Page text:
Wednesday, August 1, 2012

Muppet Treasure Island, Part 2: A Motley Crew

As Jim Hawkins boards the Hispaniola, we see that more Muppets await us.  First up, we have Statler and Waldorf as the figureheads of the ship, where they can sit and comment on the movie at their will.  I think this is actually the first time a Muppet movie used them correctly and fit them seamlessly into the story.  The need to be omnipresent, yet out of the way.

Another point for Muppet Treasure Island.

Jim and his pals make their way down to the kitchen where they meet the ship's cook, Long John Silver as played by Tim Curry.  This casting choice was perfect as no one can quite pull off being charming, creepy, and menacing simultaneously like Curry.  Jim notices that he only has one leg and becomes unsettled when he recalls that Billy Bones had mentioned a dreaded one-legged pirate.  Despite his imposing appearance, Silver reassures Jim that he is but a humble cook.

Also, he has a lobster instead of a parrot.  Only pirates have parrots.

Back on the dock, the captain of the ship arrives.  The first mate, Samuel Arrow (as played by Sam the Eagle) introduces him as a no-nonsense, stern captain who will not stand for any tomfoolery.  But this was mostly Sam's wishful thinking as Captain Smollett is good ol' Kermit the Frog.

He just wants to make sure everyone stays safe and has a good time.

This dynamic between Arrow and Smollett plays out similarly to their Muppet Show relationship, where Sam tries to exert authority without actually having the final say.  It's different from the original novel, wherein Arrow was a stumbling alcoholic, but in both cases, it prevents the character from having any sort of control over his situation and therefore, it is a welcome change to the story.

This could be the whole movie and it'd still be great.

Rizzo, in an amusing subplot, arranges for his fellow rats to board the boat under the guise that this is a cruise ship.  This creates a great through-line that adds more comic relief throughout the movie.  Rather than mess with the original story too much, the Muppets have found away to leave their mark on the movie without interfering.

It'll just be a three-hour tour.

Now that everyone is ready to go, the crew sings a rousing number called "Sailing for Adventure," where we learn that the motives of some of the crew members may be less than noble.

Afterwards, Arrow leads the role call, and it becomes even clearer that the ship has picked up some strange members.  This scene feels like the main reason someone would want to combine Muppets with Treasure Island.  There are many opportunities for strange new characters to be stuck on this overcrowded ship and the writers made sure to cram as many jokes as possible into ever inch of this boat.

Captain Smollett is no dummy, and he speaks with the financiers of the voyage to explain where this crew (that is clearly made up of pirates) came from.  The blame is placed on Trelawney (who accuses Mr. Bimbo, of course) who claimed that Long John Silver recommended the crew.  Yeah, I have a feeling Silver may be up to no good.  As if to prove how much he doesn't belong on this ship, Silver comes in presenting some alcohol to toast the start of the voyage.  Now, in the original novel, as I said, this is important for Arrow's character, and, to keep him sober, Smollett forbids the consumption of alcohol on his boat.  This will become important later, but, since this is a kids movie, no one will be doing any drinking.  After some comedy with Trelawney attempting to have a drink, Smollett puts his foot down and tells Silver to throw the stuff overboard.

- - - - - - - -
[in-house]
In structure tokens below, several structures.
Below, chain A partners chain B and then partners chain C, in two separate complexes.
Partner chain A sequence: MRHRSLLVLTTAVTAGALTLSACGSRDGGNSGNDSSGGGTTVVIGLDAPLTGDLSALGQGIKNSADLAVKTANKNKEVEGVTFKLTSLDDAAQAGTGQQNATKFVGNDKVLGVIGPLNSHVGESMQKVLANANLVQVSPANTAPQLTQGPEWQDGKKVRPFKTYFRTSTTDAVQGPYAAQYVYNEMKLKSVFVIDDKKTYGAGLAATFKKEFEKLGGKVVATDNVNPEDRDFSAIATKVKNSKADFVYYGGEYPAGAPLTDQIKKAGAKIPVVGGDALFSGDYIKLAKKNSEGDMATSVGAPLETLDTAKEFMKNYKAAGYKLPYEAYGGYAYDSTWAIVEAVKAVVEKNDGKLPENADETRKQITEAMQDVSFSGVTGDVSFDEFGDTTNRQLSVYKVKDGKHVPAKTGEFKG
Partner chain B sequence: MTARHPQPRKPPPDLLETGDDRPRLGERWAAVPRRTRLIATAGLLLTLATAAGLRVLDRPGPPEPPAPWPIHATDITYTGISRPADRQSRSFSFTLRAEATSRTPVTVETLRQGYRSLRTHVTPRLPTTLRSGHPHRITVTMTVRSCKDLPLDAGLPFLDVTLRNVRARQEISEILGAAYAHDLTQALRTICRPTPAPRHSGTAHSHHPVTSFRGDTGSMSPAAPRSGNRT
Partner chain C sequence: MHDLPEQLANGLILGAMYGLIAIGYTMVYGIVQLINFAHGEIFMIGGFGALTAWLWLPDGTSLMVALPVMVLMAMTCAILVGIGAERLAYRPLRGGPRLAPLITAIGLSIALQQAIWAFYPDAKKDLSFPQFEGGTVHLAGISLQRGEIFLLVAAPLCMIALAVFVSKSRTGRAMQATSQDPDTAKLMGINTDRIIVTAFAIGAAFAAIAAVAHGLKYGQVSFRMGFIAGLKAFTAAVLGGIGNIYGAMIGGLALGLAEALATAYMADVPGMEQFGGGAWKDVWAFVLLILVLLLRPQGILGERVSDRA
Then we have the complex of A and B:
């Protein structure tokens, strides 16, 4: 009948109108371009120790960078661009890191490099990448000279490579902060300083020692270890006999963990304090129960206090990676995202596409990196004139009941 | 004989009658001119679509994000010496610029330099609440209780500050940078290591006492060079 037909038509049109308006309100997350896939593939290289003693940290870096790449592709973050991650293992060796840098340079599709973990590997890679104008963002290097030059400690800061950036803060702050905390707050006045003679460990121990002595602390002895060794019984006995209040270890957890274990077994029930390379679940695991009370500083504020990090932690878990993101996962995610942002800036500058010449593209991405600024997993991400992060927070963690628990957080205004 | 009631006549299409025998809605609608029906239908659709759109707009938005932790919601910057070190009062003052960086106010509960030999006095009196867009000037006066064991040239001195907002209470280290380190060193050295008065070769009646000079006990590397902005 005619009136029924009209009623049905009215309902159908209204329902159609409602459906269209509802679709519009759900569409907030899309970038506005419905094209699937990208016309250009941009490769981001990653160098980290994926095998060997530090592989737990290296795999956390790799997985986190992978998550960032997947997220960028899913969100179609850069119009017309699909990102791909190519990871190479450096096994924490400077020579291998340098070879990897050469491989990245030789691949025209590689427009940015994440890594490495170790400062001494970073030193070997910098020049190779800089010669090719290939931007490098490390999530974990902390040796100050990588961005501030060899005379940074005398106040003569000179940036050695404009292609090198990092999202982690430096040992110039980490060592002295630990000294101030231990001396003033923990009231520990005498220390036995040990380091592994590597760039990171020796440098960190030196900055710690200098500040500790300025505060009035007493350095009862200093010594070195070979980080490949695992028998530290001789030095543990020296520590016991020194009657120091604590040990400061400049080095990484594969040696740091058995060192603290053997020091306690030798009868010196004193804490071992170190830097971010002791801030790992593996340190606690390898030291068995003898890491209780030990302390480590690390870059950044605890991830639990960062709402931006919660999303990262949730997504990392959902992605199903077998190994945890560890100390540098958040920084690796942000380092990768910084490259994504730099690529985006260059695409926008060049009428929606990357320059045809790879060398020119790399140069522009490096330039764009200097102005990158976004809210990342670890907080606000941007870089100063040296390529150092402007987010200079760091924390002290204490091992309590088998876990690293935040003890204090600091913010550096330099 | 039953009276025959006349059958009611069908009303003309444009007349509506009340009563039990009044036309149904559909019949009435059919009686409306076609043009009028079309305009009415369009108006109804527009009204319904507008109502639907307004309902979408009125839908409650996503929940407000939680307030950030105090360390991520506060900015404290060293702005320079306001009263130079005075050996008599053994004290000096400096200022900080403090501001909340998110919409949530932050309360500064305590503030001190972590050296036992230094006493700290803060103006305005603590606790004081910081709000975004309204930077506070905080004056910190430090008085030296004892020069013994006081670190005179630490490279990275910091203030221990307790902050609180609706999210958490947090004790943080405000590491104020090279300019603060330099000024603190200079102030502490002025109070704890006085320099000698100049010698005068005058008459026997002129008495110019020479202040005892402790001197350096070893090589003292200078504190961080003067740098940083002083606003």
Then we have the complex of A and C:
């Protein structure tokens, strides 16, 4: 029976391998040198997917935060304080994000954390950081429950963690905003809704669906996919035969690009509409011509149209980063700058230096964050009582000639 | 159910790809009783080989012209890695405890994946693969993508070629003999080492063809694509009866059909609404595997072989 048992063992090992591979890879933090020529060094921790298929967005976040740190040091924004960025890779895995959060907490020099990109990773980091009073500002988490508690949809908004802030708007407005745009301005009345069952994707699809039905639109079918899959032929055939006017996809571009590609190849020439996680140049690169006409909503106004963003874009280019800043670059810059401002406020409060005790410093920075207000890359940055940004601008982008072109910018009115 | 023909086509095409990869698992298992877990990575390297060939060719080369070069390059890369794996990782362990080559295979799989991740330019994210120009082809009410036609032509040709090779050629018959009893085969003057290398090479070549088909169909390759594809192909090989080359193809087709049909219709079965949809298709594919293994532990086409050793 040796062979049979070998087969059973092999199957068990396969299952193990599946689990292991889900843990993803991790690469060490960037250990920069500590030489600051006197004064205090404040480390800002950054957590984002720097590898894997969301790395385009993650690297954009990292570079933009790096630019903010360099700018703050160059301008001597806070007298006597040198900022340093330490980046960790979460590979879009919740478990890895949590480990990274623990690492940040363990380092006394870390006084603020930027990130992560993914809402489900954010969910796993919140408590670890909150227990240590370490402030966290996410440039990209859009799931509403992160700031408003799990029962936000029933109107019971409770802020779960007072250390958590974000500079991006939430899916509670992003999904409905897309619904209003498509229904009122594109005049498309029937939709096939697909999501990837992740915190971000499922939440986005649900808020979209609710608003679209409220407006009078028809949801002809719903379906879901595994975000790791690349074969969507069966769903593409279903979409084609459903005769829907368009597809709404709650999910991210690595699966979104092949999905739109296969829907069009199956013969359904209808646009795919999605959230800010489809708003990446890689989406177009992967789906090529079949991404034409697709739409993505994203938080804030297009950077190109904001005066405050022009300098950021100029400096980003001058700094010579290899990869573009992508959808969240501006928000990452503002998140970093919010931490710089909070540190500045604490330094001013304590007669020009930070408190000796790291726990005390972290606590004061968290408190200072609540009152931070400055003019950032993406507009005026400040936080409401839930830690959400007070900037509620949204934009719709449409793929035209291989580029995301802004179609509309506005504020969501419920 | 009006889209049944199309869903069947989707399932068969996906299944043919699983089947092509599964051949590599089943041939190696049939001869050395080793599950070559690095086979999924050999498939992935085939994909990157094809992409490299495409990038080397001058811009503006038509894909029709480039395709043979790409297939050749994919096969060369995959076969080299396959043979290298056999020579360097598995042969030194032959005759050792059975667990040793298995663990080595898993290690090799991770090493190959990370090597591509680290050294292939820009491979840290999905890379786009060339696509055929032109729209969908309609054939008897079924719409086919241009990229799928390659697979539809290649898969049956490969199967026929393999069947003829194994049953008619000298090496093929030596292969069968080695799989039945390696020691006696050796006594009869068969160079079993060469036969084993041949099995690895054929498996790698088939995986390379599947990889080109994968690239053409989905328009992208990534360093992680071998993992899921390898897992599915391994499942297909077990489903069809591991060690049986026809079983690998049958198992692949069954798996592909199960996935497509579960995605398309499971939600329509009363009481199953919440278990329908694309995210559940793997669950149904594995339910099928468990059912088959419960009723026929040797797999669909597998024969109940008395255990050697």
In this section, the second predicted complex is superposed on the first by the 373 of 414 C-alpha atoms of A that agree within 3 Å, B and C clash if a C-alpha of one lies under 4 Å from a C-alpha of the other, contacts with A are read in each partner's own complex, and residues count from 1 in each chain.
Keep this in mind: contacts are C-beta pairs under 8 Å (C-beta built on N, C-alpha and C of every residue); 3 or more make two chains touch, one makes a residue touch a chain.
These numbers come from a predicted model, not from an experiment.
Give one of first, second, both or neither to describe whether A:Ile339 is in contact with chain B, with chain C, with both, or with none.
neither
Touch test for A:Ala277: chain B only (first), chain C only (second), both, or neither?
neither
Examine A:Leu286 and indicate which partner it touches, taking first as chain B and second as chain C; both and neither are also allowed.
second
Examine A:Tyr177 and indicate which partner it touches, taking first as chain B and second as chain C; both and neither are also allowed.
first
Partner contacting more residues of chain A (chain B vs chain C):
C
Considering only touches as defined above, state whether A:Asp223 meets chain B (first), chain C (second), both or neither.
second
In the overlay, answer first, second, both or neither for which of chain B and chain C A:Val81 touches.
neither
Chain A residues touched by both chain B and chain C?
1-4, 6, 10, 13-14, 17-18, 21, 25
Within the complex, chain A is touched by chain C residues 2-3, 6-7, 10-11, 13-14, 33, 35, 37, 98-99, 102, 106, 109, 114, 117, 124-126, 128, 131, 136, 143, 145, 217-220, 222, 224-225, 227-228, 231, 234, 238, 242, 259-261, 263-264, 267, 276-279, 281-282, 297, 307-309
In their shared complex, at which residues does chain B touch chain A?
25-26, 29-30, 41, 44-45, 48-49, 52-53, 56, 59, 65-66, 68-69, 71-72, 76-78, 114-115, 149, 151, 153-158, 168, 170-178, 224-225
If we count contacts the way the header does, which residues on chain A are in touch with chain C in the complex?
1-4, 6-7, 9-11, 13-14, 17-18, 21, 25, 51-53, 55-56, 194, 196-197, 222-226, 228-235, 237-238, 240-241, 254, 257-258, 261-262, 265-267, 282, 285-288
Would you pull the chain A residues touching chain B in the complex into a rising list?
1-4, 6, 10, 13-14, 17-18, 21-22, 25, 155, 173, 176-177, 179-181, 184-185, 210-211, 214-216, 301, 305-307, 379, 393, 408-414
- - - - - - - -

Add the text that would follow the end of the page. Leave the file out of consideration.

Jim accompanies Silver to help him and the two have a talk about their childhood dreams of being seamen.  Jim learns that Silver also lost his father as a child, and he grows to admire the cook.  Having gained his trust, Silver claims that he is aware that this journey is actually a treasure hunt, but Jim knows he should keep the map to himself, lest it fall into the wrong hands.

Or the wrong hooves.

A trio of pirates, Polly Lobster (Silver's "parrot"), Mad Monty and Clueless Morgan the Goat, decide that it's time to get their hands on that map.  They kidnap Gonzo and Rizzo and subject them to a series of torture in order to discover the whereabouts of the map.

Including being in close proximity with Mad Monty's breath.

Gonzo, who craves pain, enjoys his stretching torture and keeps quiet (aside from his yelps of pleasure).  Just before Rizzo is about to undergo his own interrogation, Arrow discovers the treachery and turns the trio over to the Captain.  The three are ordered to be locked up, and the Captain pulls Jim aside in order to do something about the map for safety reasons.

Oh, and Gonzo enjoys his newfound flexibility.

Yes, with so many strange characters on board, sometimes it is hard to tell who is good and who is bad.  But one thing is clear, Muppets will be Muppets.  Tomorrow, a mutiny on the high seas!

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